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At what price fame?

Why did they do it?

Why did Americans all over the country last week claim they had found something funny in their soft drinks?

It all started with an 82-year-old man in Tacoma, Wash., who reported finding a syringe in his Diet Pepsi.

The media ran with it like crazy. Within a few days, there were more than 50 reports of foreign objects in cola cans in at least 23 states.

Needles. Screws. Bullets. A crack-cocaine vial.

And then the Great Pepsi-Cola Tampering Scare fizzled. Almost all the reports were fakes.

Maybe people hoped to make a fast buck. More likely, they got caught up in national hysteria.

"I was just basically wanting attention," a California woman confessed.

Some attention. Some of the fakers faced a maximum penalty of five years in prison and a $250,000 fine.

Last week America said goodbye to two figures from history. One was Donald K. "Deke" Slayton, one of the original seven Mercury astronauts, who died of cancer at 69.

The other was John B. Connally, 76, former governor of Texas, who was wounded during the assassination of President John F. Kennedy in 1963.

Connally was buried in Austin on Thursday. Still in his body were the fragments from the bullet that supposedly first wounded Kennedy (the "single bullet" theory), just before he was killed by another bullet.

Researchers failed to get family permission to remove the fragments before burial, and it wasn't clear why no one had ever asked before. More fuel for the conspiracy theory.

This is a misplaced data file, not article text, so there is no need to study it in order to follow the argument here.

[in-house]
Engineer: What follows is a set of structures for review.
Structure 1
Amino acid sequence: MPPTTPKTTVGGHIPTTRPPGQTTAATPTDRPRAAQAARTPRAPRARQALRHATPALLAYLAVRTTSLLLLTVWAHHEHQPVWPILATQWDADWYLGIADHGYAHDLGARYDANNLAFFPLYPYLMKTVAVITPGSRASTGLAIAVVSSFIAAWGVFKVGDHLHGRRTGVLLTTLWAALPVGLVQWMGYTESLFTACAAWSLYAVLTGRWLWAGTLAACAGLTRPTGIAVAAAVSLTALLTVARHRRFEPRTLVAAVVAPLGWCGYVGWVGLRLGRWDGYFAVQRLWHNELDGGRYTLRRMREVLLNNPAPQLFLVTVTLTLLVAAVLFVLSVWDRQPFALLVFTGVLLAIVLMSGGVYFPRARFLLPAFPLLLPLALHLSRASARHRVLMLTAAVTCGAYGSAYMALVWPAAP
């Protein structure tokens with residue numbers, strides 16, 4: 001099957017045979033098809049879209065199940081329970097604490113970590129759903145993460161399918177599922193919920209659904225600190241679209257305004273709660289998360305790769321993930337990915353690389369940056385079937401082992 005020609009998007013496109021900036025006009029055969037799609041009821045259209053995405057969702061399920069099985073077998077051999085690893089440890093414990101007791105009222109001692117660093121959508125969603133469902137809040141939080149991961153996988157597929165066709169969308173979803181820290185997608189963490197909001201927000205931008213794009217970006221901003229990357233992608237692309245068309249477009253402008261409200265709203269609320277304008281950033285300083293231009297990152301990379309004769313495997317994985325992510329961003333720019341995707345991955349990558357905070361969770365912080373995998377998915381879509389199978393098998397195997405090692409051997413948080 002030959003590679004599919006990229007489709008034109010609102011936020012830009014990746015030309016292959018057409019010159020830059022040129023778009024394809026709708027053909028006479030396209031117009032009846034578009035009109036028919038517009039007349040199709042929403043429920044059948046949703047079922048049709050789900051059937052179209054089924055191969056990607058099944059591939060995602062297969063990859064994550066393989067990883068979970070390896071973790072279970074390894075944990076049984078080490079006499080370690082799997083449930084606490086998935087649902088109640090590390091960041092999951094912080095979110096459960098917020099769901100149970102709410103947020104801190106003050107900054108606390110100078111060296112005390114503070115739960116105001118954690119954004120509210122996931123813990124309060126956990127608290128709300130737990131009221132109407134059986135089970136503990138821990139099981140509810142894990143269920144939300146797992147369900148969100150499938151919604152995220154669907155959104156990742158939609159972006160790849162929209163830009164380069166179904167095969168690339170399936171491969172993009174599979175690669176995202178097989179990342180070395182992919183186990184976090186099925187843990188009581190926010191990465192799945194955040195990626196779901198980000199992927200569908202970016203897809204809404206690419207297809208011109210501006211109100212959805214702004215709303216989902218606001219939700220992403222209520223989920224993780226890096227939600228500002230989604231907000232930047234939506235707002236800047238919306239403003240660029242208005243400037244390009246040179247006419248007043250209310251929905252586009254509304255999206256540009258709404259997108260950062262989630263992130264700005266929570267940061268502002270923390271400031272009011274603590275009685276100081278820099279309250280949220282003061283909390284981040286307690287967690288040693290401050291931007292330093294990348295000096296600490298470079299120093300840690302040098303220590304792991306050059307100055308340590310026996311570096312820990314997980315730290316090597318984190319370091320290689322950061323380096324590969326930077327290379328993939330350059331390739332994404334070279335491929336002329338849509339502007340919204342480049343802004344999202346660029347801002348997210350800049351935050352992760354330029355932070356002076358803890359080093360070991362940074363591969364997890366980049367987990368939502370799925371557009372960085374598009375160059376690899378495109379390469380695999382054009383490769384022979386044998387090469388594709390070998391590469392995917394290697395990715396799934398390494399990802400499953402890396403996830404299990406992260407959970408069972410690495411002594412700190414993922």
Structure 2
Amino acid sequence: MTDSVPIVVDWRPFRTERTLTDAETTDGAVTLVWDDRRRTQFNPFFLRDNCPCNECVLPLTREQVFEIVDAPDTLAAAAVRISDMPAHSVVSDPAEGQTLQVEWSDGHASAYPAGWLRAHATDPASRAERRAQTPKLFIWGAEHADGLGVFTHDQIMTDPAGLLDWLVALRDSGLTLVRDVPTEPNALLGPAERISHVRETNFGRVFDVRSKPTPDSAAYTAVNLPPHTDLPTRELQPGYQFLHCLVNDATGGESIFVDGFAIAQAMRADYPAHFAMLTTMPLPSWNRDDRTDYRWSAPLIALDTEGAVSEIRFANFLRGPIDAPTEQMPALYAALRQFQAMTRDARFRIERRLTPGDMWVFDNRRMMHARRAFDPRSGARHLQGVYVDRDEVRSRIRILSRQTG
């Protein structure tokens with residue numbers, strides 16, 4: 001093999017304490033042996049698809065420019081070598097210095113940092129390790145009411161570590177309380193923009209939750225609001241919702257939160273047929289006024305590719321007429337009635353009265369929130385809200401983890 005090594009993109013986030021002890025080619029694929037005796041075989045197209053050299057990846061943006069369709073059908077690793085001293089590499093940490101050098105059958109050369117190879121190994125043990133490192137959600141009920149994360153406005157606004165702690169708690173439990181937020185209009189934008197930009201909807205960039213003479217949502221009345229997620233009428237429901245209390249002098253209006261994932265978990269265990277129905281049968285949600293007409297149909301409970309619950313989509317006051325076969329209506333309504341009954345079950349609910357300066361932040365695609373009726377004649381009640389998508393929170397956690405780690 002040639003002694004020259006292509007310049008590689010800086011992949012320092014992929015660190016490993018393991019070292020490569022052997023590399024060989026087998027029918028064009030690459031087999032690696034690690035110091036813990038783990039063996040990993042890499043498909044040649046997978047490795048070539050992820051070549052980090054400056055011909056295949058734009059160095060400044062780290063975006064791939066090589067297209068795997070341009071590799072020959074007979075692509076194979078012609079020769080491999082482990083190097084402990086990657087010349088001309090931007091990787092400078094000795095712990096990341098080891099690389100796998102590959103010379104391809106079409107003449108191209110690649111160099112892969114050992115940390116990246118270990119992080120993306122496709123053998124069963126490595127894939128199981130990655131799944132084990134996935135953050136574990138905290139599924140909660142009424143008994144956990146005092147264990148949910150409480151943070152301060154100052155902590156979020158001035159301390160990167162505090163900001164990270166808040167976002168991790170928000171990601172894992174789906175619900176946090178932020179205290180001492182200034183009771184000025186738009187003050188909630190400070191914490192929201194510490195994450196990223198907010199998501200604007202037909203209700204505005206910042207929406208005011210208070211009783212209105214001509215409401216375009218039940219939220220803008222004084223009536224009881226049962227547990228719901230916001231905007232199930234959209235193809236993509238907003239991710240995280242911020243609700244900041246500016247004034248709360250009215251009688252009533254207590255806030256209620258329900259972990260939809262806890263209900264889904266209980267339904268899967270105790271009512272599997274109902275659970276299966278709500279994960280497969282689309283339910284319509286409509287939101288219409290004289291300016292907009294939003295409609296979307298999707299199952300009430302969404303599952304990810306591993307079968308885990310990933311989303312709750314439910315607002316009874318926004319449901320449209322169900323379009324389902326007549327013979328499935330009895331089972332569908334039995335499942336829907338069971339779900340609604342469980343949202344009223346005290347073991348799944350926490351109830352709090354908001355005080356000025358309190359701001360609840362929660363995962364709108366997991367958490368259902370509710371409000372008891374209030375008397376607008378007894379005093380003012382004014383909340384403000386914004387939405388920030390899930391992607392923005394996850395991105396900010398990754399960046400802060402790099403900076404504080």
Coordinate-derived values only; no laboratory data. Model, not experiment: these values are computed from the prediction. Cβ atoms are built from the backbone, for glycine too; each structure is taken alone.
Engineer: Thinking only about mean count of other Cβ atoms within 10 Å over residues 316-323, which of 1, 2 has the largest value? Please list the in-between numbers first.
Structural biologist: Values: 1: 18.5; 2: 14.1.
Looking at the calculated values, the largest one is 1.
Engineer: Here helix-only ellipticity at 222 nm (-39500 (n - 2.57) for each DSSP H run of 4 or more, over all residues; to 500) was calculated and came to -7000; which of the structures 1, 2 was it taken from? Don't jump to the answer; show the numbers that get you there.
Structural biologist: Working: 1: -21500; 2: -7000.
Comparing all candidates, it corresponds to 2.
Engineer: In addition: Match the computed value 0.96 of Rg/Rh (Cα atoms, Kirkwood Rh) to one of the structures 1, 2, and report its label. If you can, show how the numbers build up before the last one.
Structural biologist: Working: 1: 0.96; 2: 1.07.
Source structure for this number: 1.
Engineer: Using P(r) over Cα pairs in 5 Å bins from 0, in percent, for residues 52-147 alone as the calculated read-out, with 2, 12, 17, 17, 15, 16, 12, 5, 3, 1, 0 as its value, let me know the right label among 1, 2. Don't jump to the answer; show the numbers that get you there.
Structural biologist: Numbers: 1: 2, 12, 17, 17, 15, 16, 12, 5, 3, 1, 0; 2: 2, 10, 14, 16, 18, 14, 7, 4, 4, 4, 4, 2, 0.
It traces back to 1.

In Pennsylvania last week, Gov. Robert Casey was recovering from only the seventh heart-liver transplant performed in the U.S.

In Huntington, Ind., the Dan Quayle Center and Museum opened.

In Detroit, in a horrible case of deja vu, a trial began for three police officers accused in the beating death of a black motorist.

In Minnesota, a murderer confessed to what he thought was a friend's answering machine. It was a wrong number, and he was caught.

Bill Clinton had a better week than some of the ones he's had lately. Maybe it's due to the president's new hired help, image-improver David Gergen.

Clinton pulled off a mild surprise Monday by nominating Ruth Bader Ginsburg, 60, a Washington federal appeals judge, for the Supreme Court.

Although Ginsburg was described as socially liberal (and definitely pro-choice), she has publicly criticized the Roe vs. Wade ruling and has voted with Republican-appointed judges more than Democrat-appointed ones. She would be the second woman on the court, and the first Jewish justice in almost a quarter-century.

Speaking of the Supreme Court, it again softened the church-state barrier by ruling the public could supply interpreters to parochial schools. And by a 7-2 vote, the court ruled that an inmate could sue for cruel and unusual punishment for being forced to share a cell with a smoker.

The Air Force fired the general who gave a speech calling the president a draft-dodging, pot-smoking, womanizing gay-lover. Civilians are free to call Bill Clinton those things all day, but not a soldier speaking of the commander-in-chief.

Clinton settled two science controversies by saying he will stand by the space station Freedom and the supercollider in Texas, both described by critics as boondoggles. His support probably ensures their survival.

He also hit back hard at his negative press, telling reporters: "This is the most decisive presidency you've had in a very long time on all the big issues that matter." He won his first battles in the Senate over his economic plan, and used his Saturday radio address to tell Americans his opponents are "playing politics with your economic future."

And finally, this dinosaur news: Scientists in New York reported that a mile-wide asteroid smashed into the Pacific Ocean about the time dinosaurs died off. Scientists used to think one big hit in Mexico killed off the dinos, but now they theorize it took several. You can take off your hard hat now.